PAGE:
I love the way that every time I do it I think of my grandmother.

I love that it has a rhythm to it. I love that it slows me down.

I can no longer whip through 5 loads of laundry in a day and will purposely not do wash if it is raining.

I am learning to working my schedule around God's schedule which is often times much, much slower than mine. I'm even starting to like how crunchy it is when it's done. For a wile I was popping it in the dryer to fluff it after it was dry but once you put it on it softens up really fast.

I started this crop of lettuce while I was still living at my Mother-In-Law's house. It has done so well and I will tell you the taste is out of this world. I really did not know that lettuce had any real flavor until I grew my own.


I've never had a garden of my own before. I've been dreaming about one for the past year, reading all kinds of books and catalogs, but there is nothing like getting your hands dirty. Besides the taste and the reward of actually growing something the thrift and the excitement of seeing actually food growing, having a garden provides endless conversations about God and His provision. There are lessons about sowing seed, and spreading truth, sharing our abundance with others and again slowing down.

One thing I do no relish is that sometimes you can work really hard, follow all the rules and even add in a heaping bunch of love, and in spite of all this. The rabbits might still eat the tops off your carrots.
The rain might wash away your perfectly planed rows, and some seeds just might never sprout. But I will keep working, keep sowing seed, and keep teaching my children. Because even though the sun is shining and the season is new, winter will be here before you know it and it will be time to slow down in a whole different kind of way.

Tuesday, May 18, 2010


Whoa! It's been a while since I wrote. Here's a quick catch up of the past three months. The end of February we moved from Florida back to our hometown in Wisconsin. It was a wonderful decision and we all instantly felt like we were home. Although we were not really. We moved in with my Mother-In-Law and spare me the jokes. She is a wonderful and kind woman and has made out transition back to the area a true blessing. Although it has been crowded and cramped and often looks like a tornado hit the place It has been nice to share in her company.

The first couple of weeks here were spent looking for a house. Since leaving Wisconsin three years ago we have been renting. First in the panhandle of FL then in an apartment near Clearwater. It was a hard transition. Besides leaving the only place i had ever called home, and ll my friends, and family I had left a beautiful century old home that my husband and I gutted and restored. I loved that house. I love the community we had in our neighborhood. I loved walking to downtown and all the shops. I really hated renting. I felt as though I had no roots and no community. The panhandle was hard because we were very isolated from town and had to drive everywhere. It felt so wasteful. The apartments were actually a little better but by nature they are transient. People come and go so quickly. We met and said goodbye to great and wonderful people. We were never meant to be at home there. It was a transition.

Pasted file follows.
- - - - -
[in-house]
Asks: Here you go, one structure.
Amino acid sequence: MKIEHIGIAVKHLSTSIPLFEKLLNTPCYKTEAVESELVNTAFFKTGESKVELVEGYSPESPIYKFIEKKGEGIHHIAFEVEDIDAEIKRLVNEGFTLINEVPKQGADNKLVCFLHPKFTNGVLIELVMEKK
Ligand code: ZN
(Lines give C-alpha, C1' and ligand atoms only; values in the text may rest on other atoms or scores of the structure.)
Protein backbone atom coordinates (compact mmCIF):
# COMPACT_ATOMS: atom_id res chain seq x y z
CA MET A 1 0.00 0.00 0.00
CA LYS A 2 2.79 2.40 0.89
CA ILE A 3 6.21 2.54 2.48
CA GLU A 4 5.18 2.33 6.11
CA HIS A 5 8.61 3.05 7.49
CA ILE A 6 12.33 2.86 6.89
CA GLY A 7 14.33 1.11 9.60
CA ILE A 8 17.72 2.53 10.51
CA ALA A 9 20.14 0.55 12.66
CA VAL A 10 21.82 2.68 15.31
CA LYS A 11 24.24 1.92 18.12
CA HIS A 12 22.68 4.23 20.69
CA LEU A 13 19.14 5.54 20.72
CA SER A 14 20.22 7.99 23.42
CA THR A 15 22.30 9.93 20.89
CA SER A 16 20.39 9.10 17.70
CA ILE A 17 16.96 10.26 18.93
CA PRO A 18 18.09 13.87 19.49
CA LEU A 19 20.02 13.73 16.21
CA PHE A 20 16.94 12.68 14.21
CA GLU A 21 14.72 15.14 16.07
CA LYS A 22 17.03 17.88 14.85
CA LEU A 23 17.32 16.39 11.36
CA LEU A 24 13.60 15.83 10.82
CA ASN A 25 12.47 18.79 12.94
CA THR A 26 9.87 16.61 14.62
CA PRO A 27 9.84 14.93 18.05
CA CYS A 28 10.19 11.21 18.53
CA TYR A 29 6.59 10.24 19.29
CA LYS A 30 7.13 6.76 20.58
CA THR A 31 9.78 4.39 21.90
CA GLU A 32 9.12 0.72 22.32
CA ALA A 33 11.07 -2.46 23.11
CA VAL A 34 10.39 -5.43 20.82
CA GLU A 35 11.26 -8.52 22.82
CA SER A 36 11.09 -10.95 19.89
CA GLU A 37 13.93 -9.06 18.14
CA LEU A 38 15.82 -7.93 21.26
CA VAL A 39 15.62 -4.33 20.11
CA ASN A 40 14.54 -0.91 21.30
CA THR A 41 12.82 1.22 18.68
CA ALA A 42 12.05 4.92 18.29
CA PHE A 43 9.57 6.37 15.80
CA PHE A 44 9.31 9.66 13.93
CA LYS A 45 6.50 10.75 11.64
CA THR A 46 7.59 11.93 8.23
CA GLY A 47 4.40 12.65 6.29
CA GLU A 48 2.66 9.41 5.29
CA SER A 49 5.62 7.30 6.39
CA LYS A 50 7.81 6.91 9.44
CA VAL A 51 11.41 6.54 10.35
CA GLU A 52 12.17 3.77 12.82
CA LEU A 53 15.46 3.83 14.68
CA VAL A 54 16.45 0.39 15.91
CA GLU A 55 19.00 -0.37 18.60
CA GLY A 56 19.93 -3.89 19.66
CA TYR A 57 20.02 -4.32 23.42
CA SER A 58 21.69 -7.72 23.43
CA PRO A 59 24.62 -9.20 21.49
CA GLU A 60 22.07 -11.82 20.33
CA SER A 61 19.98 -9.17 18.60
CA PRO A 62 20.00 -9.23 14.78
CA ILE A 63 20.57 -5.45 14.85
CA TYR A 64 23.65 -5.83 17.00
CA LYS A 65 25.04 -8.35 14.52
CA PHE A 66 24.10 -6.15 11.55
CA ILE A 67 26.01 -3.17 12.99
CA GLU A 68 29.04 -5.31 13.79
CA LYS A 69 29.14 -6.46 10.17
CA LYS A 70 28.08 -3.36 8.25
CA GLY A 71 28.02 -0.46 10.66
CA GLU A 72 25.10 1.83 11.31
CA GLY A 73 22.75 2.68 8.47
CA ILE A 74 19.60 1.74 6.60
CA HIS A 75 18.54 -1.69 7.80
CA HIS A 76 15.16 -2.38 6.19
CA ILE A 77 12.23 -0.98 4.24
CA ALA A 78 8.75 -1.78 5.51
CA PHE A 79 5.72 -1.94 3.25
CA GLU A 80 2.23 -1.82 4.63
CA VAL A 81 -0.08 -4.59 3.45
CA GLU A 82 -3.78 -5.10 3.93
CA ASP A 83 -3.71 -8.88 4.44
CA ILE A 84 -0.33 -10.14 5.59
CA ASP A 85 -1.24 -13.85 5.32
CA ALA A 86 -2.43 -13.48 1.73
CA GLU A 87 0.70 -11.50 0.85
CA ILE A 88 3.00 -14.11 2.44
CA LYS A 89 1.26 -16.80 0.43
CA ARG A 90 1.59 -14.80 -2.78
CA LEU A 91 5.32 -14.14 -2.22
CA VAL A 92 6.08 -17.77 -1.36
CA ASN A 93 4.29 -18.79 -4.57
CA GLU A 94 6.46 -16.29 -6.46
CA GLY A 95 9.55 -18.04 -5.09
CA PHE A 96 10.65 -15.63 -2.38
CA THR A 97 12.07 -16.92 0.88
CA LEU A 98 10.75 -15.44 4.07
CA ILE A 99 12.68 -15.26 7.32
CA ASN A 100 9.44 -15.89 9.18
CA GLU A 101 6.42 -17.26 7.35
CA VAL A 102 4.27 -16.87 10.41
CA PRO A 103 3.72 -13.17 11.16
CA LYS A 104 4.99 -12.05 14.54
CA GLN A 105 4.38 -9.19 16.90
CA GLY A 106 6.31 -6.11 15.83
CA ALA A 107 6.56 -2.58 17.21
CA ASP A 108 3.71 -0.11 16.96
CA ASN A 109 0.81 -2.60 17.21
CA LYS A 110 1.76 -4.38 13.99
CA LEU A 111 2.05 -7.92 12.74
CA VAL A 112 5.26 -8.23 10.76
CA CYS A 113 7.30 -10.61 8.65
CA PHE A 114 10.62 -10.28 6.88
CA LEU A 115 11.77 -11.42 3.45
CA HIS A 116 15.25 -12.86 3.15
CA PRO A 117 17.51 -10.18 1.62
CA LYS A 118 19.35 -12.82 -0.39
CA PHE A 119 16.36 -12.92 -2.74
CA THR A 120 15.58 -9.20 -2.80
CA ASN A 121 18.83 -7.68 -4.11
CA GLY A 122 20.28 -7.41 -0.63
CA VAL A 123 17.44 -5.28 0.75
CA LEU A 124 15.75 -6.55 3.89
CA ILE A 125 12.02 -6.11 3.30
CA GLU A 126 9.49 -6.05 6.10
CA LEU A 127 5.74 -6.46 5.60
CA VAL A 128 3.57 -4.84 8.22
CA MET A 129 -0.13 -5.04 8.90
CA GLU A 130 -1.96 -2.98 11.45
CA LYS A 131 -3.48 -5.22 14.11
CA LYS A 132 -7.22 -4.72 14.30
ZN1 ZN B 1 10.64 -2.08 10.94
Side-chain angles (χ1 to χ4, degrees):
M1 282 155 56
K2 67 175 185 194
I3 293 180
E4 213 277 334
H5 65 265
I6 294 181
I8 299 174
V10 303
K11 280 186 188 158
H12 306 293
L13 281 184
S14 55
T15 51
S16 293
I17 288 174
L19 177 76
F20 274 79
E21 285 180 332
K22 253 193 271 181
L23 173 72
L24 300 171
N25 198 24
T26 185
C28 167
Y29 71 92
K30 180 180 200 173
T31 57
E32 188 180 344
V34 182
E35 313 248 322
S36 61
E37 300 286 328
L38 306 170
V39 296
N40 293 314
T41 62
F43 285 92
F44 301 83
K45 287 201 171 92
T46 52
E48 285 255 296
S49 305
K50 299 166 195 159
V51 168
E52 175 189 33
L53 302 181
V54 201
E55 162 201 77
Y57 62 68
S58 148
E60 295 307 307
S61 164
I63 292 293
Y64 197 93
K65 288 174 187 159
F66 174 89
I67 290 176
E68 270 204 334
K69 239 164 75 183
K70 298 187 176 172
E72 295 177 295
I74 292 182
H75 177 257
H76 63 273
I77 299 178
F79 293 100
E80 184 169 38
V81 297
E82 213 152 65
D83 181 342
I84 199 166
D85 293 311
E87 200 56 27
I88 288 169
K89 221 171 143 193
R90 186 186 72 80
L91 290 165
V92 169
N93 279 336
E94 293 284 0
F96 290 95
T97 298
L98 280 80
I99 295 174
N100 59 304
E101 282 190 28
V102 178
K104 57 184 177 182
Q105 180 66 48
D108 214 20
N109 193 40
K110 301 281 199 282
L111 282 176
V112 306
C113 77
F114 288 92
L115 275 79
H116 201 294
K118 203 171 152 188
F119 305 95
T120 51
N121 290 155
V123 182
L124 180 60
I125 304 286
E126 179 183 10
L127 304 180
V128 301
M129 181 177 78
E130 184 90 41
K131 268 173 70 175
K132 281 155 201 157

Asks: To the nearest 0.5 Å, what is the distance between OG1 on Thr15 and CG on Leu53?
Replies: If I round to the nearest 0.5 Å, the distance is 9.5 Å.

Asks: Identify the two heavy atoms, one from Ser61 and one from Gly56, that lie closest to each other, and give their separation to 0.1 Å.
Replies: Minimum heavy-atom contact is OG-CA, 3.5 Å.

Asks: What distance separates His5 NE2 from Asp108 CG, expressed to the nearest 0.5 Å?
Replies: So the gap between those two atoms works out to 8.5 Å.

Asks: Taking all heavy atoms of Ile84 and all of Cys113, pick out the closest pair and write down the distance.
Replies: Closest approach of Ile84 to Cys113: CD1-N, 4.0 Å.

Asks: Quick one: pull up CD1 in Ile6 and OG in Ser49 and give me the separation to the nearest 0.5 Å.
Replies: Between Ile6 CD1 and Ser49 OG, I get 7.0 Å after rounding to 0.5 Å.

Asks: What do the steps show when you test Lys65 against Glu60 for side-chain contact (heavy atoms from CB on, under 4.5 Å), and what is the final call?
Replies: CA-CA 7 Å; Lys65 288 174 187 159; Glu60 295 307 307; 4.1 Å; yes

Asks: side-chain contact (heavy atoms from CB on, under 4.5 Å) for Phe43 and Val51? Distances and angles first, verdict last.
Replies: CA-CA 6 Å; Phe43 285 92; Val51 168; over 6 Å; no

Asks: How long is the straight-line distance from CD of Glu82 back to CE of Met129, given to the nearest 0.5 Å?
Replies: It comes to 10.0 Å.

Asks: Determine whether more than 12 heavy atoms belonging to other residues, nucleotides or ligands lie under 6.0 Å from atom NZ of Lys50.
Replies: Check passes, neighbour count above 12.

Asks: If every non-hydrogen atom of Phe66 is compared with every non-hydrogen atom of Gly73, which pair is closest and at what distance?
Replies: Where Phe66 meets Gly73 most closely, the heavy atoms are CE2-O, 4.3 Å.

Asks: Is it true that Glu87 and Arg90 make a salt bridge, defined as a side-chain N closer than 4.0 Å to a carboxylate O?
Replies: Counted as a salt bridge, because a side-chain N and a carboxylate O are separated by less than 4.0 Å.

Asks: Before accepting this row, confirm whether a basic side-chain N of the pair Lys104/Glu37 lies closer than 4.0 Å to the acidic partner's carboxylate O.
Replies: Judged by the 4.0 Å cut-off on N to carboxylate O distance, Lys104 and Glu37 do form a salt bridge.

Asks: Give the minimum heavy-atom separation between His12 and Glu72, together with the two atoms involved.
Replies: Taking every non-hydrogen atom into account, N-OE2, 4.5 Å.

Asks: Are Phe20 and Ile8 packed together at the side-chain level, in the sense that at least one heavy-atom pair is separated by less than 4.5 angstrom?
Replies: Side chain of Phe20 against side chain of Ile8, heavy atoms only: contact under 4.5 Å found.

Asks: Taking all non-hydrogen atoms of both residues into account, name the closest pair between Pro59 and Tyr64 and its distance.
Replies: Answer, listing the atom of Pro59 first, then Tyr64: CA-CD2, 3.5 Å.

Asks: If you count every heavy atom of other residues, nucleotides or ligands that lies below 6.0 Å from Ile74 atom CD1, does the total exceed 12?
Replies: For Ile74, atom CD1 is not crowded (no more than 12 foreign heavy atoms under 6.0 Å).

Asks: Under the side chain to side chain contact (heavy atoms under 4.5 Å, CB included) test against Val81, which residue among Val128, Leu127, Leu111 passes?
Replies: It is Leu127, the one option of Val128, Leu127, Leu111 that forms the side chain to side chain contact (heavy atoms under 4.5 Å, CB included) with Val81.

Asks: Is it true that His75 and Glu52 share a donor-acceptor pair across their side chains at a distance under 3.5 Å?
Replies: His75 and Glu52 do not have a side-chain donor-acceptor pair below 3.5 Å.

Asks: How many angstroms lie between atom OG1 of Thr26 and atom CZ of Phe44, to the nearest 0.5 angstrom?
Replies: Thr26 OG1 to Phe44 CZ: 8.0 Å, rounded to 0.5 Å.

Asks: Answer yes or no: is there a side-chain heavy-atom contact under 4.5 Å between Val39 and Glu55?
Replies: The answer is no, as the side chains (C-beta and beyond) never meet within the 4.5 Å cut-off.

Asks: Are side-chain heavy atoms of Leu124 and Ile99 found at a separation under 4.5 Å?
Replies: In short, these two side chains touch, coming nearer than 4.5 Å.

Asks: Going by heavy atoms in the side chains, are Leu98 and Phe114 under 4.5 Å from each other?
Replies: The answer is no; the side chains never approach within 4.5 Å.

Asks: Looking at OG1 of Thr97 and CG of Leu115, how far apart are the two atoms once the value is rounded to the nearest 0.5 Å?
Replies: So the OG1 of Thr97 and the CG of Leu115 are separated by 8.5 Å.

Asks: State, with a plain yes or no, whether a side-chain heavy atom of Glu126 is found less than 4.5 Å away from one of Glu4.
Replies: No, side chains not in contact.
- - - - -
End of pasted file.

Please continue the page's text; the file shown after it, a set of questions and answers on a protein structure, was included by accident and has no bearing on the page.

One night on a solo walk I broke down. Walking through the area with tears streaming down my face I cried out to God. "WHY would you do this? I've left my family, all my friends, all my kids friends, all my dreams and my beloved house!" The response I got was instant, crystal clear and cut right to my heart. Believe me this was NOT a common occurrence for me to "hear" from God so boldly and it struck me so strongly I almost fell over. It went something like this...

"Who's house was it that you lost?

You didn't own that house.

You made payments on that house but it was never yours.

Everything you have is mine. And I am loaning it to you."


Well that was a wake up call. And I needed it. Flash forward three years and now we are house shopping, again. My husband and I, however, have approached this new purchase entirely different. Instead of looking the biggest most impressive thing we could afford in the best neighborhood we want our new house to truly reflect who the real owner is. We want to set down roots on the only firm foundation. Of course a house is just a space it's the people in it that will reflect God's glory. But anyone who's been through a church building campaign knows that facility does help. So we had some specific things we wanted to achieve.

1. We wanted to have enough space to host people in our home and share the love of Christ.

2. A yard big enough to establish a garden and share the bounty of our provision.

3. A footprint small enough to not be wasteful with God's resources.